Su-ah stands apologetically to the side, though Young-sook insists it’s not her fault since she was at work. For now, Young-sook is most concerned about the salary account they agreed on, which Su-ah forgot to take care of.
Su-ah then walks Hyo-eun to her tutoring class, but Hyo-eun refuses to go. Su-ah argues she should go if she feels guilty towards Young-sook. Hyo-eun argues right back that Su-ah should feel guilty too, since she obviously wasn’t working with the outfit she has on. She tells her mom to lie properly next time and stalks off.
Hye-won’s business friend meets with Do-woo to explain that the sponsorship given to him by Ji-eun’s mom will soon be cancelled, including the sponsorship of his office space. Hyun-woo reminds Do-woo that Ji-eun has always been reckless, so there’s no point in hearing her out.
On that subject, Hyun-woo also brings up the fact that Ji-eun called about Su-ah. And that Hye-won knows about her. Do-woo’s face falls.
Jin-suk and crew ready for their return to Korea. On the plane, Mi-jin deals with an angry passenger yelling for a blanket he can’t have until takeoff. The passenger won’t accept Mi-jin’s apologies, wanting the captain to come out and apologize instead. The guy’s about to lose it when Jin-suk surprisingly does step out to apologize. It shocks Mi-jin and the other flight attendants since he’s never done this before, though it finally gets the passenger to quiet down.
Later, Mi-jin visits the cockpit to deliver coffee and to thank Jin-suk for saving her back there. And when she asks if he and his co-pilot want anything special to eat, Jin-suk just looks ahead and smirks. I really don’t like that look…
On the way home, Do-woo runs into Hye-won. She’s heard about the sponsorship getting cancelled and she’d like it if he didn’t continue his work with Ji-eun anymore.
Do-woo becomes defensive, but Hye-won is tired of hearing the same old thing over and over again. Do-woo searches her face as he asks, “Why did you start this work? This work with my family, I mean.” Hye-won’s silence only furthers Do-woo’s uneasiness. He remembers Suk questioning if he really trusted Hye-won, and right now, it looks like he doesn’t.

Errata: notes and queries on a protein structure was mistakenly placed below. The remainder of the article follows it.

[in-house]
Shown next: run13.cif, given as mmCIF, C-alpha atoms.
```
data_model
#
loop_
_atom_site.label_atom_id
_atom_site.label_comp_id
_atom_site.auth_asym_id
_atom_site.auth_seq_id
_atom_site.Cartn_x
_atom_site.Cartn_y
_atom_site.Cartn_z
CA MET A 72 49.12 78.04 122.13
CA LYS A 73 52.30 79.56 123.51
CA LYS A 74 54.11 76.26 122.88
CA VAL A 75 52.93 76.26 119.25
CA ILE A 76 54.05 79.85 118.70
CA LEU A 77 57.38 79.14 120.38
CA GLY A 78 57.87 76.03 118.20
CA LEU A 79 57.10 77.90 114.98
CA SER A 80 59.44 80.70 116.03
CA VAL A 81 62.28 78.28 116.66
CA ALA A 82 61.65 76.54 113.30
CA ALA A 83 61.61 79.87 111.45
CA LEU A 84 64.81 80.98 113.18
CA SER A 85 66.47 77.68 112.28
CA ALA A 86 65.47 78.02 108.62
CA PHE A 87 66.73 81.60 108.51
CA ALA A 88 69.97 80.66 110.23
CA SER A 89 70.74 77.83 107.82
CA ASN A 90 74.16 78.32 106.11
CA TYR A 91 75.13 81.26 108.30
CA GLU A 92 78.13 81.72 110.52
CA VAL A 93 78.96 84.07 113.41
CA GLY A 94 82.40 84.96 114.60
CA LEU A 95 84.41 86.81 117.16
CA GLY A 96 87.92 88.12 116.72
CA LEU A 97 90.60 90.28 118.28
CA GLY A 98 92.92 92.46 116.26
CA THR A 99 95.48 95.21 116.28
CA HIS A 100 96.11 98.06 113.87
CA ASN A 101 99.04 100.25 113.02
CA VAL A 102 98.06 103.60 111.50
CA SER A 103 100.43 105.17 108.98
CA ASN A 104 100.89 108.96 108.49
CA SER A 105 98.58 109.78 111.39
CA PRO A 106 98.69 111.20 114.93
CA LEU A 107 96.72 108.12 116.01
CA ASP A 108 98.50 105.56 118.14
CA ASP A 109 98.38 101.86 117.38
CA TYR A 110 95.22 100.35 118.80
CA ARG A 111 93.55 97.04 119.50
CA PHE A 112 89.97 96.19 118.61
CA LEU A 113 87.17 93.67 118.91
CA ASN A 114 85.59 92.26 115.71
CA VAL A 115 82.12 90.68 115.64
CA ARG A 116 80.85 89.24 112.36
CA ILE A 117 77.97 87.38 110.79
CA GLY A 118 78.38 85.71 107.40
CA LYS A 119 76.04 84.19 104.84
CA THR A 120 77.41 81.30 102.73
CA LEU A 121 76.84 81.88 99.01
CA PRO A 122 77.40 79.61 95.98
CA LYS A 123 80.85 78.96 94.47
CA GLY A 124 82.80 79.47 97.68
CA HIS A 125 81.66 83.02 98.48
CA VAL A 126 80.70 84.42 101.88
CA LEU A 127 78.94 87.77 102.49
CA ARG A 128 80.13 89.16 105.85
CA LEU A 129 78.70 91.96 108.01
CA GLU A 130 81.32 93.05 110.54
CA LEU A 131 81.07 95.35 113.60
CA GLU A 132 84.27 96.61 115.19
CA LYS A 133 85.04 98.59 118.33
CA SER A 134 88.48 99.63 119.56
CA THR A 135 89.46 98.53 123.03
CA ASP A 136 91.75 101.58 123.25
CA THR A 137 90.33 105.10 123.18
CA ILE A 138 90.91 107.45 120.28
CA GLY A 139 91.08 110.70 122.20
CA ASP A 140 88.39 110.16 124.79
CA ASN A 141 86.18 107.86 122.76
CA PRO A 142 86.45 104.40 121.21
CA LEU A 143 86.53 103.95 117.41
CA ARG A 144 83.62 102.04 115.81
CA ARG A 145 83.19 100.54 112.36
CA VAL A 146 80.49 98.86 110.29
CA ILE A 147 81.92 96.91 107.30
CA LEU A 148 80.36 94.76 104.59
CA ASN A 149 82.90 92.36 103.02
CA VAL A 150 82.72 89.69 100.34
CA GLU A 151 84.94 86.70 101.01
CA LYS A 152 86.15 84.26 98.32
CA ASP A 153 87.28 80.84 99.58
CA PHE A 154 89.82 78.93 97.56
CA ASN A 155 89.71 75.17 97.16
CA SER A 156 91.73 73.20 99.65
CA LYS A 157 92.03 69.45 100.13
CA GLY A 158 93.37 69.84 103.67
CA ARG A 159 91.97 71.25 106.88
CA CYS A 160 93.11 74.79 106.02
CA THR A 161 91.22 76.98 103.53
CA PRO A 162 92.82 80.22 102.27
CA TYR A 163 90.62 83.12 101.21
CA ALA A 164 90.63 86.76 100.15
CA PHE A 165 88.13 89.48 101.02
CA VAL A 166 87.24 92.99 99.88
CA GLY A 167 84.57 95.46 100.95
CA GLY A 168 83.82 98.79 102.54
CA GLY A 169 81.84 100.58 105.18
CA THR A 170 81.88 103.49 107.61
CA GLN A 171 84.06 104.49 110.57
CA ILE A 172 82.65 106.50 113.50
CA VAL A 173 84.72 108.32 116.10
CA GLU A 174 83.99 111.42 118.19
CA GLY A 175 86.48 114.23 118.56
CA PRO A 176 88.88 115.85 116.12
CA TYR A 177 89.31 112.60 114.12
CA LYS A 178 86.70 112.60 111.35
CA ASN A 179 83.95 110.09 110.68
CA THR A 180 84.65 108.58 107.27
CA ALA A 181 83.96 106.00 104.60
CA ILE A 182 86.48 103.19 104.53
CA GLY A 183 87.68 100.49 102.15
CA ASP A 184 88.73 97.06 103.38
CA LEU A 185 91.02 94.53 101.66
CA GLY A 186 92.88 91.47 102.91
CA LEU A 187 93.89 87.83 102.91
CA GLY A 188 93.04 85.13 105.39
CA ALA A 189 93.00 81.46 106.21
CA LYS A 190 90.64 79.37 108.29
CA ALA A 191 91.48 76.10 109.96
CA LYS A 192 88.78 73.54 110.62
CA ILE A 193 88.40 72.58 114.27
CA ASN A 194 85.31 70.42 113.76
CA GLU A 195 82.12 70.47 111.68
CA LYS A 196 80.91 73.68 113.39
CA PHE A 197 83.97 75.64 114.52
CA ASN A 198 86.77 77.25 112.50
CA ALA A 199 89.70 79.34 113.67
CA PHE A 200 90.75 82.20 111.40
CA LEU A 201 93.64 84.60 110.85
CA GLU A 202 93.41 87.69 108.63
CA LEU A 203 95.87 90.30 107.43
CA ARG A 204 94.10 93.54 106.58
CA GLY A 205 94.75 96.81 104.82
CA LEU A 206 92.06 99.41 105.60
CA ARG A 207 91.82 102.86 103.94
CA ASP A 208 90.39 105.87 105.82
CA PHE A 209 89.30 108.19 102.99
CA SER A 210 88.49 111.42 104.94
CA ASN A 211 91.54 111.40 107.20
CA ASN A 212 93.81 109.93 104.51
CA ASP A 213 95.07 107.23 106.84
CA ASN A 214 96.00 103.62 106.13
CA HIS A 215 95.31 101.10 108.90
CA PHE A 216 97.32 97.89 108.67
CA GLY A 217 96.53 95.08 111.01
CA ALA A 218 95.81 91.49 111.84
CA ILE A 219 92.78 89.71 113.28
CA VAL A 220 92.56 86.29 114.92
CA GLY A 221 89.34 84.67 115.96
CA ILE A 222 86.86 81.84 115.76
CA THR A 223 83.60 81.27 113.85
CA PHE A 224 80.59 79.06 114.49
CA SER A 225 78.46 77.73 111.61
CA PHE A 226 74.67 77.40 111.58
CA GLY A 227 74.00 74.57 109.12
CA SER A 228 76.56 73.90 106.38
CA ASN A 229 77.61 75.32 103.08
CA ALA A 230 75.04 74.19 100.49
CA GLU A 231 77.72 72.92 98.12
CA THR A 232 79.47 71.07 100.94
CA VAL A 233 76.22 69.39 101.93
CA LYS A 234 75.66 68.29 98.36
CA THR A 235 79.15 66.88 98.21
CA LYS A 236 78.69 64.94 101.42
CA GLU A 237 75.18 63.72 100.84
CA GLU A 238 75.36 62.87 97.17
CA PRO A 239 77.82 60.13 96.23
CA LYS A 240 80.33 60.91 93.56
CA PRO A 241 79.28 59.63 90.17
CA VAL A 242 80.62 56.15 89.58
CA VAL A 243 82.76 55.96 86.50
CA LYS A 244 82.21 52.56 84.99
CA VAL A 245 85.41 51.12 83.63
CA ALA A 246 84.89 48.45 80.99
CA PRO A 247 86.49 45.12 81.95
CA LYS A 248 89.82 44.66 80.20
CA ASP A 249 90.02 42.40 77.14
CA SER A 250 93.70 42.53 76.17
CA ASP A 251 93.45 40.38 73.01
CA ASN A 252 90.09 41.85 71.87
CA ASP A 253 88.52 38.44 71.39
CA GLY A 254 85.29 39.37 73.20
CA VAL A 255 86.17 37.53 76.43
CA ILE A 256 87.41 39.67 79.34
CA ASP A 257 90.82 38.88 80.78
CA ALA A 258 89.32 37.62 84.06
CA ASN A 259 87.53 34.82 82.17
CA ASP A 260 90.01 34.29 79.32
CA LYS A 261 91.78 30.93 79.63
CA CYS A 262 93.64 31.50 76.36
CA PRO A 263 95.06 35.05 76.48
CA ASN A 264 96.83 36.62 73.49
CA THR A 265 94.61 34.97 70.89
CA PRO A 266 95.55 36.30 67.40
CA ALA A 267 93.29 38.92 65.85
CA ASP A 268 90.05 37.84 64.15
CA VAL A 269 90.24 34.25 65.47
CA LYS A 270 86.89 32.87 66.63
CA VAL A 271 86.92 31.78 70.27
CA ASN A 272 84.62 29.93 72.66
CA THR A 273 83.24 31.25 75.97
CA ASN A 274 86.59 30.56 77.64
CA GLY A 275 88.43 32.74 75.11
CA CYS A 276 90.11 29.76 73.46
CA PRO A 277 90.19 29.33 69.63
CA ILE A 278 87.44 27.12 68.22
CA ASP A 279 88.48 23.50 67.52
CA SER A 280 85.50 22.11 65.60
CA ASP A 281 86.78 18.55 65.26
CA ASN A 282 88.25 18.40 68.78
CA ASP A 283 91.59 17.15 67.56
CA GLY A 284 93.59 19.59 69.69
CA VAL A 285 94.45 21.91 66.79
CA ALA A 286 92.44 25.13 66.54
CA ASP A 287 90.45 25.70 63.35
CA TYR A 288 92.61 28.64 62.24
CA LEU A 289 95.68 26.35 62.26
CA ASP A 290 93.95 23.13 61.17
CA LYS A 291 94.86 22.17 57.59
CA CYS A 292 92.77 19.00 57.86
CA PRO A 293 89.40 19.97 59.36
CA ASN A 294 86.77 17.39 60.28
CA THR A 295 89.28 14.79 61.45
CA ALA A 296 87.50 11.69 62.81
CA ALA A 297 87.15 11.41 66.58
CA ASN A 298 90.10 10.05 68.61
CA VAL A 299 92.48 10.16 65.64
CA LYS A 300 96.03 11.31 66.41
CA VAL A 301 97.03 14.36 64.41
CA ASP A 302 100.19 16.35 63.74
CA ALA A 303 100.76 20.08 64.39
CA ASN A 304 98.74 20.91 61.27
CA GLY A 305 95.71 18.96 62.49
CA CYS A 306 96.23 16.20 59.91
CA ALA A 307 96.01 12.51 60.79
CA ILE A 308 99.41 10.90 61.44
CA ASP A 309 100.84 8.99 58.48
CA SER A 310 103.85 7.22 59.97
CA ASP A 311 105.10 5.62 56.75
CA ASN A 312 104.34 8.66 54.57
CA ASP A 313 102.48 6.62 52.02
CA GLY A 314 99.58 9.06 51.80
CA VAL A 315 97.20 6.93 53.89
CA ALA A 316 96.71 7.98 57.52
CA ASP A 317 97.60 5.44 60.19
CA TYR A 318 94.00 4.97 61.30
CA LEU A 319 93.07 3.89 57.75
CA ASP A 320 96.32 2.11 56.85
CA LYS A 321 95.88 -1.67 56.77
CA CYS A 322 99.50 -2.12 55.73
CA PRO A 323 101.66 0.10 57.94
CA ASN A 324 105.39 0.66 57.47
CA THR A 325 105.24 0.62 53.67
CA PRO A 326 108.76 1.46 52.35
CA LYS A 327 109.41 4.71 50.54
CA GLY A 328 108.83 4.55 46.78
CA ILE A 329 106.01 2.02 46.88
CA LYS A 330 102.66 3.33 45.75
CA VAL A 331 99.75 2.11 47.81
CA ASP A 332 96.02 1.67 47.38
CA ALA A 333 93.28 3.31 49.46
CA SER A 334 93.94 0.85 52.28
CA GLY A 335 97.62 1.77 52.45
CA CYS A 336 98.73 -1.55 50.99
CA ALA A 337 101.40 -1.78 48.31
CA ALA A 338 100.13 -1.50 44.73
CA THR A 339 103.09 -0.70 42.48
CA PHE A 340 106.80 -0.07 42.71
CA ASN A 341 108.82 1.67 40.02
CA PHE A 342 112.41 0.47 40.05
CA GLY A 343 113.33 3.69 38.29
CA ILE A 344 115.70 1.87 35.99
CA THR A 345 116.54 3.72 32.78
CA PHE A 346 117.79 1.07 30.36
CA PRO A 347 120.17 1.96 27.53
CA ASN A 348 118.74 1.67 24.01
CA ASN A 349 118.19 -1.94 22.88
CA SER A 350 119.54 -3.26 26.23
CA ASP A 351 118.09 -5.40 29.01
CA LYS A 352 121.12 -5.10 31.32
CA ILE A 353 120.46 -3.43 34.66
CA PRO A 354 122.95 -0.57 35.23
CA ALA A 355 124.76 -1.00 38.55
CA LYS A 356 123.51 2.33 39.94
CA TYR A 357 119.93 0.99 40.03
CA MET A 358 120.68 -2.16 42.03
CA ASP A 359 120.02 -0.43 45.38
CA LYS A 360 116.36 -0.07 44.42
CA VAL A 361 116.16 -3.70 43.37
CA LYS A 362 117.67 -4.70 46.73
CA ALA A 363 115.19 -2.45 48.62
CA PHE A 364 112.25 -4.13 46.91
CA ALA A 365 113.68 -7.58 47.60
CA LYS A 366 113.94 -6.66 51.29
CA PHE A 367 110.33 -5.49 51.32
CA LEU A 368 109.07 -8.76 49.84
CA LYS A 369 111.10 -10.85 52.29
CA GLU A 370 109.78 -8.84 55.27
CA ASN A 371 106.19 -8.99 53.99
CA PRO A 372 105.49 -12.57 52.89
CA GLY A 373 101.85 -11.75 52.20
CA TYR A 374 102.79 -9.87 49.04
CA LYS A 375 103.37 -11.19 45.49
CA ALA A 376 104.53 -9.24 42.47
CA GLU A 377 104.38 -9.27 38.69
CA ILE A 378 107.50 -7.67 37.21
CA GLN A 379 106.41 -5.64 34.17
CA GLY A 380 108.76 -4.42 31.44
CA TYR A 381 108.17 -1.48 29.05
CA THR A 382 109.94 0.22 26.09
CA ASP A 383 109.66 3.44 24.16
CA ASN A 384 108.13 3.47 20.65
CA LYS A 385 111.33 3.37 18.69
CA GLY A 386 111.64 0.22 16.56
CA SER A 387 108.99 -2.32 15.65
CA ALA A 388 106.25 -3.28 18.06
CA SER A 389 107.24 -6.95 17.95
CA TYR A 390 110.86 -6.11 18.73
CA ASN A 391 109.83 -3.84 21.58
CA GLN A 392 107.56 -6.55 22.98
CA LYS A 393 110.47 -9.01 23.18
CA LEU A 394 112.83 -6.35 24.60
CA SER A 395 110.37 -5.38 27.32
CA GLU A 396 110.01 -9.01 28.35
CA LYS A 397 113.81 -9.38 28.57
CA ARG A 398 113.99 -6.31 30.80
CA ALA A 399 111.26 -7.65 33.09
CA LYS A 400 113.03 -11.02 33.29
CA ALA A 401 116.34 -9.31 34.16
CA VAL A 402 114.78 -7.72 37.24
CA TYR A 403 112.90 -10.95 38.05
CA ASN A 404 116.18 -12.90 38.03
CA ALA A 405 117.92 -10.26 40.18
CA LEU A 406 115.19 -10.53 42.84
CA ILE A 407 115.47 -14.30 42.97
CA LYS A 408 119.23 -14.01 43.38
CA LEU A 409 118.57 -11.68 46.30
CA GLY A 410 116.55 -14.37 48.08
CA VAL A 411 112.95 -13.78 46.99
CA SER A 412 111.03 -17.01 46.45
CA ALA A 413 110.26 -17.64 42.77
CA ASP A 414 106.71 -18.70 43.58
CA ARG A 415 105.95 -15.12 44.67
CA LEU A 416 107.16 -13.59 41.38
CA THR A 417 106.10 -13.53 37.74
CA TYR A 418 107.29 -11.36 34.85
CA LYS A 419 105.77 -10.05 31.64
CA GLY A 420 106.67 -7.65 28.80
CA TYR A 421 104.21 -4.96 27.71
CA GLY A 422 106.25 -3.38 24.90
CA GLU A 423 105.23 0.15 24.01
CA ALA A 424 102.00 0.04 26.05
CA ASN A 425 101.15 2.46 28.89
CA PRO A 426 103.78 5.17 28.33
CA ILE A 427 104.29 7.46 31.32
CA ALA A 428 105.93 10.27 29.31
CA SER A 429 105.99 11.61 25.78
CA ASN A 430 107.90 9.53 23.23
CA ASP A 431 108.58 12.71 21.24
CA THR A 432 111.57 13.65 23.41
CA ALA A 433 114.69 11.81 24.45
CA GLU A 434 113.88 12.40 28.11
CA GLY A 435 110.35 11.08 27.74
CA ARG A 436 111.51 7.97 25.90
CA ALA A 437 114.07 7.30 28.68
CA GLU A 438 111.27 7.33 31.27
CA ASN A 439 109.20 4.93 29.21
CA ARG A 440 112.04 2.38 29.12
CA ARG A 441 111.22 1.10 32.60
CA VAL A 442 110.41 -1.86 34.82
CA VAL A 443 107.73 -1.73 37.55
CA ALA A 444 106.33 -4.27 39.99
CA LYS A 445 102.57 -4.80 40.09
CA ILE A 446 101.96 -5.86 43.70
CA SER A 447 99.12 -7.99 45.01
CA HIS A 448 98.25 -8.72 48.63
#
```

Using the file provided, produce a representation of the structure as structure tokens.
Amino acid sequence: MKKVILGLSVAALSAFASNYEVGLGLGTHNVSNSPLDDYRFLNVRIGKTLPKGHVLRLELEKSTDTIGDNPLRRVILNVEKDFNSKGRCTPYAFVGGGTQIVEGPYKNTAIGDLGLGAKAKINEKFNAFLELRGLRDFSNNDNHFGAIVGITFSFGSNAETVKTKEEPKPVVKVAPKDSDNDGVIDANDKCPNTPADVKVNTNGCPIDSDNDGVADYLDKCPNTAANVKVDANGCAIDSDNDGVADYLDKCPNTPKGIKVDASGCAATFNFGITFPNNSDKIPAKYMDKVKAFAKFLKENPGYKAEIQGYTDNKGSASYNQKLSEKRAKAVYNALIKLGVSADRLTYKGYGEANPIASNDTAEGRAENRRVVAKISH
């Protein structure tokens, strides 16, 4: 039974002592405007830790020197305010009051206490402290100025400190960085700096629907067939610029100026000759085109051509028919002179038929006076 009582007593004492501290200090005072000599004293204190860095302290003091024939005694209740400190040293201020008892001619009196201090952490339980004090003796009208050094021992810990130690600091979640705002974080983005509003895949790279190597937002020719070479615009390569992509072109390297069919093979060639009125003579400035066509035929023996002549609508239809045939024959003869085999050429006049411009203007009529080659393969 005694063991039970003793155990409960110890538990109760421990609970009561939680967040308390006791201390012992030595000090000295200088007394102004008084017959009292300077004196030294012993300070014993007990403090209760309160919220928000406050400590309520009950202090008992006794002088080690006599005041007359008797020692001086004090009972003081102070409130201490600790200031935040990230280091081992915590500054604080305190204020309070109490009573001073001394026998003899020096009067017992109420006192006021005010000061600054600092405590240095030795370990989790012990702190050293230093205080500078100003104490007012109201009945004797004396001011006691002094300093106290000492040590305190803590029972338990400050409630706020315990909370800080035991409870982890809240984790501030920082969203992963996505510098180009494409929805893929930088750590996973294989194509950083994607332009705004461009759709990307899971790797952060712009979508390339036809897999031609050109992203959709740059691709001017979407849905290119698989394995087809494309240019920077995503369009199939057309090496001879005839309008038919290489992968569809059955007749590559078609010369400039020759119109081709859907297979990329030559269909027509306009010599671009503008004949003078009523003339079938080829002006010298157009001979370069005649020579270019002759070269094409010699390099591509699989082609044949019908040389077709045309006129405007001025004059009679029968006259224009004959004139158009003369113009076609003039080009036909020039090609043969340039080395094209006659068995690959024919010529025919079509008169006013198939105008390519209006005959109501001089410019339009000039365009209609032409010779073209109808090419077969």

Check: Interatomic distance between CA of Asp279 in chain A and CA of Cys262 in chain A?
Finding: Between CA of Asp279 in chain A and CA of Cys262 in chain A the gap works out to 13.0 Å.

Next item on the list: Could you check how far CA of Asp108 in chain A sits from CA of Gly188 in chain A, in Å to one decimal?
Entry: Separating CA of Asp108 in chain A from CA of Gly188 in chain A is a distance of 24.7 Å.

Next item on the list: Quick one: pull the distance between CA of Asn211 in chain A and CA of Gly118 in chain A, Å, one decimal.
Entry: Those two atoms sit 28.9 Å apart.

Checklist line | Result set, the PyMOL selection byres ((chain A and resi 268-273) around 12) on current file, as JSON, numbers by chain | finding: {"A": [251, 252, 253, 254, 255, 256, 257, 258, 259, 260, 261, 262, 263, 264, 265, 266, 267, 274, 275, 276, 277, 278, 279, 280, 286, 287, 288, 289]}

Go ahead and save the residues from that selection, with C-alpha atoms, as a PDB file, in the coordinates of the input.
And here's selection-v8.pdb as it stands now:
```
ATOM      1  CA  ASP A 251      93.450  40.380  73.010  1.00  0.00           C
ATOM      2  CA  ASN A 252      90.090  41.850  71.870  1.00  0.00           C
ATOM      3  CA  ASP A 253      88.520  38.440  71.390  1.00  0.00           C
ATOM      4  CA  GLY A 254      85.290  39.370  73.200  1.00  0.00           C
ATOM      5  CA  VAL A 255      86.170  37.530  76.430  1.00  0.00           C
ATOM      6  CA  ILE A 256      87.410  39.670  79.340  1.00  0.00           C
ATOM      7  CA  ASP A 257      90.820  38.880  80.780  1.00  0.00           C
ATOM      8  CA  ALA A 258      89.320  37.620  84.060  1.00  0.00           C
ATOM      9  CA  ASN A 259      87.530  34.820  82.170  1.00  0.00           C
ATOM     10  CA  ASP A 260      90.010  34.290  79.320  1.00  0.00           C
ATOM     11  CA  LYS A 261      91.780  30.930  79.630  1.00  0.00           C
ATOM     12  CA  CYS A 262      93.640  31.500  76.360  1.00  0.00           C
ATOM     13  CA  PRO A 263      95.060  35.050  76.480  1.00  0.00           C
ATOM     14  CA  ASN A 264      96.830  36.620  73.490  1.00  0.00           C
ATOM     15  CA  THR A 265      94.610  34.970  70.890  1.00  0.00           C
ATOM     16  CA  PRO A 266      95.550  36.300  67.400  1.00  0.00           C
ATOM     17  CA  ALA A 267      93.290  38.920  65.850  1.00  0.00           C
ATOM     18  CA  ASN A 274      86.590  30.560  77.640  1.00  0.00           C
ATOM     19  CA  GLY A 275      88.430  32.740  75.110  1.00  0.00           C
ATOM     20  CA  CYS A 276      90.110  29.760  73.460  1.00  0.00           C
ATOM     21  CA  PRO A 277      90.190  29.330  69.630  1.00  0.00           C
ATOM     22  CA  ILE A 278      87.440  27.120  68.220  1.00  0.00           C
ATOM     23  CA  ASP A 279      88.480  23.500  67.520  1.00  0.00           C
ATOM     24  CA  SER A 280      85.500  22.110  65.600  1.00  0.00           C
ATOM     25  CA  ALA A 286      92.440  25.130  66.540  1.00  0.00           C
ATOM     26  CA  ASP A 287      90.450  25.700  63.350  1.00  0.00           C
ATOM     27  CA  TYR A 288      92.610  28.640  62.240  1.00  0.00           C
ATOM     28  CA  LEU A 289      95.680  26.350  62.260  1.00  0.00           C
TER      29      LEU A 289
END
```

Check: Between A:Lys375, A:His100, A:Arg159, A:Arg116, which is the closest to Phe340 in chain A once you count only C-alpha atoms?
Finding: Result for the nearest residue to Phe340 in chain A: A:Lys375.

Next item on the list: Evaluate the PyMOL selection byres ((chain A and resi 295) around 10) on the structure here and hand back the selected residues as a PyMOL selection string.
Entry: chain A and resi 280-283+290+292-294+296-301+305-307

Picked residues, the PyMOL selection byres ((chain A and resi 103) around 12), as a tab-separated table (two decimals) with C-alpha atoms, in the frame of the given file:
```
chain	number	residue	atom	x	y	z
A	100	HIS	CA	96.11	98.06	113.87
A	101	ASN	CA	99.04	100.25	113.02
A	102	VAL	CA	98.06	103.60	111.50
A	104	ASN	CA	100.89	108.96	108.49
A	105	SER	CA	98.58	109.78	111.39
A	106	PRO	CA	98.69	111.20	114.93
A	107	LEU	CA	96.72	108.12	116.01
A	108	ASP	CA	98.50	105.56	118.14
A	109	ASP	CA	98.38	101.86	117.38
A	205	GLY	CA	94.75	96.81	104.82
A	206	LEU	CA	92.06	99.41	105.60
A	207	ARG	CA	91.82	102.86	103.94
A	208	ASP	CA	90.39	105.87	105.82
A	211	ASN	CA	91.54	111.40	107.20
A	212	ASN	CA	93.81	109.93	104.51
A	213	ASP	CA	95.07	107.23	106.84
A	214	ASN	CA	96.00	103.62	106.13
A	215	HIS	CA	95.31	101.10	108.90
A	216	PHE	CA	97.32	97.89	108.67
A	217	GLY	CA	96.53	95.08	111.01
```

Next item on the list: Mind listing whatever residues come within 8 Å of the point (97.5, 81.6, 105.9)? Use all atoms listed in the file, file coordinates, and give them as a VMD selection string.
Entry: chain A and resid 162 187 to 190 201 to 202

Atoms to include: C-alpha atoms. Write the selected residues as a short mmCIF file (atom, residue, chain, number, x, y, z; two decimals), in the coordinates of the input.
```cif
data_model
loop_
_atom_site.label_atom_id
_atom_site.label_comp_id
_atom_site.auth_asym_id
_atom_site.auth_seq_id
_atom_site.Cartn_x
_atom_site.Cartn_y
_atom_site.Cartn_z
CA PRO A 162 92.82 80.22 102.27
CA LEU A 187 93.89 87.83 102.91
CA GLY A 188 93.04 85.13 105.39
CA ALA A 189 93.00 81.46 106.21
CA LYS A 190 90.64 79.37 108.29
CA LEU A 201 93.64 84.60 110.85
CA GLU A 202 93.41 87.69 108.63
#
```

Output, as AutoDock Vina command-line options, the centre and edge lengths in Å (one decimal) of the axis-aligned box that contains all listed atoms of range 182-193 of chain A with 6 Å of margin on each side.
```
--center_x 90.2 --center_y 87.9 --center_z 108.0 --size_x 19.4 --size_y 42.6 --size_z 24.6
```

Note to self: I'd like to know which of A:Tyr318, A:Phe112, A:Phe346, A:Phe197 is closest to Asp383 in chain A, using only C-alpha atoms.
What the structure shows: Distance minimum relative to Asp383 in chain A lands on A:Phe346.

He walks away from her, and from the looks of it, Hye-won is looking pretty uneasy too. Maybe even scared.
Still at the hospital, Young-sook instructs Su-ah over the phone on how to take care of small household tasks. Su-ah obviously doesn’t know what she’s doing, but she listens to every word her mother-in-law says.
While she searches for Young-sook’s bank book, Su-ah comes across her wedding photo with Jin-suk. She stares at it emptily and moves it aside, smiling instead at the baby photos of Hyo-eun underneath. She wears the same smile as she gladly welcomes Hyo-eun home that night.
Both Su-ah and Do-woo go about the rest of their night, both alone, both thinking about the three conditions they’d promised to keep. In honor of that, Do-woo sends her a simple “Sleep well” text and smiles when she replies the exact same thing. But they can’t allow even those words for themselves – they both delete the exchange from their phones.
That morning, Grandma expresses to everyone that she no longer wishes to use her name. She’d rather watch others continue her work. Hye-won suggests having Do-woo run the business, earning some side-eye from him. Do-woo tells his mother it’d be hard on him, but Hye-won could certainly play an important role. Hye-won looks mighty uncomfortable now.
Grandma doesn’t notice this and casually brings up her first memory of meeting Annie and sewing her a new button. She remembers seeing a man with her who could’ve been her dad. Do-woo and Suk’s eyes widen at that, but Hye-won quickly states that that girl couldn’t have been Annie. Grandma nods, thinking it must’ve been her memory wishing for that girl to have been Annie.
Hye-won pulls Do-woo aside, telling him it would be unlikely for his mother to give her work without him in the picture. “You asked me why I started this work, right? It was because of your mother. Because of Master Go Eun-hee’s work.” For Hye-won, this is work she truly loves and she hates that it’s so underappreciated by the public.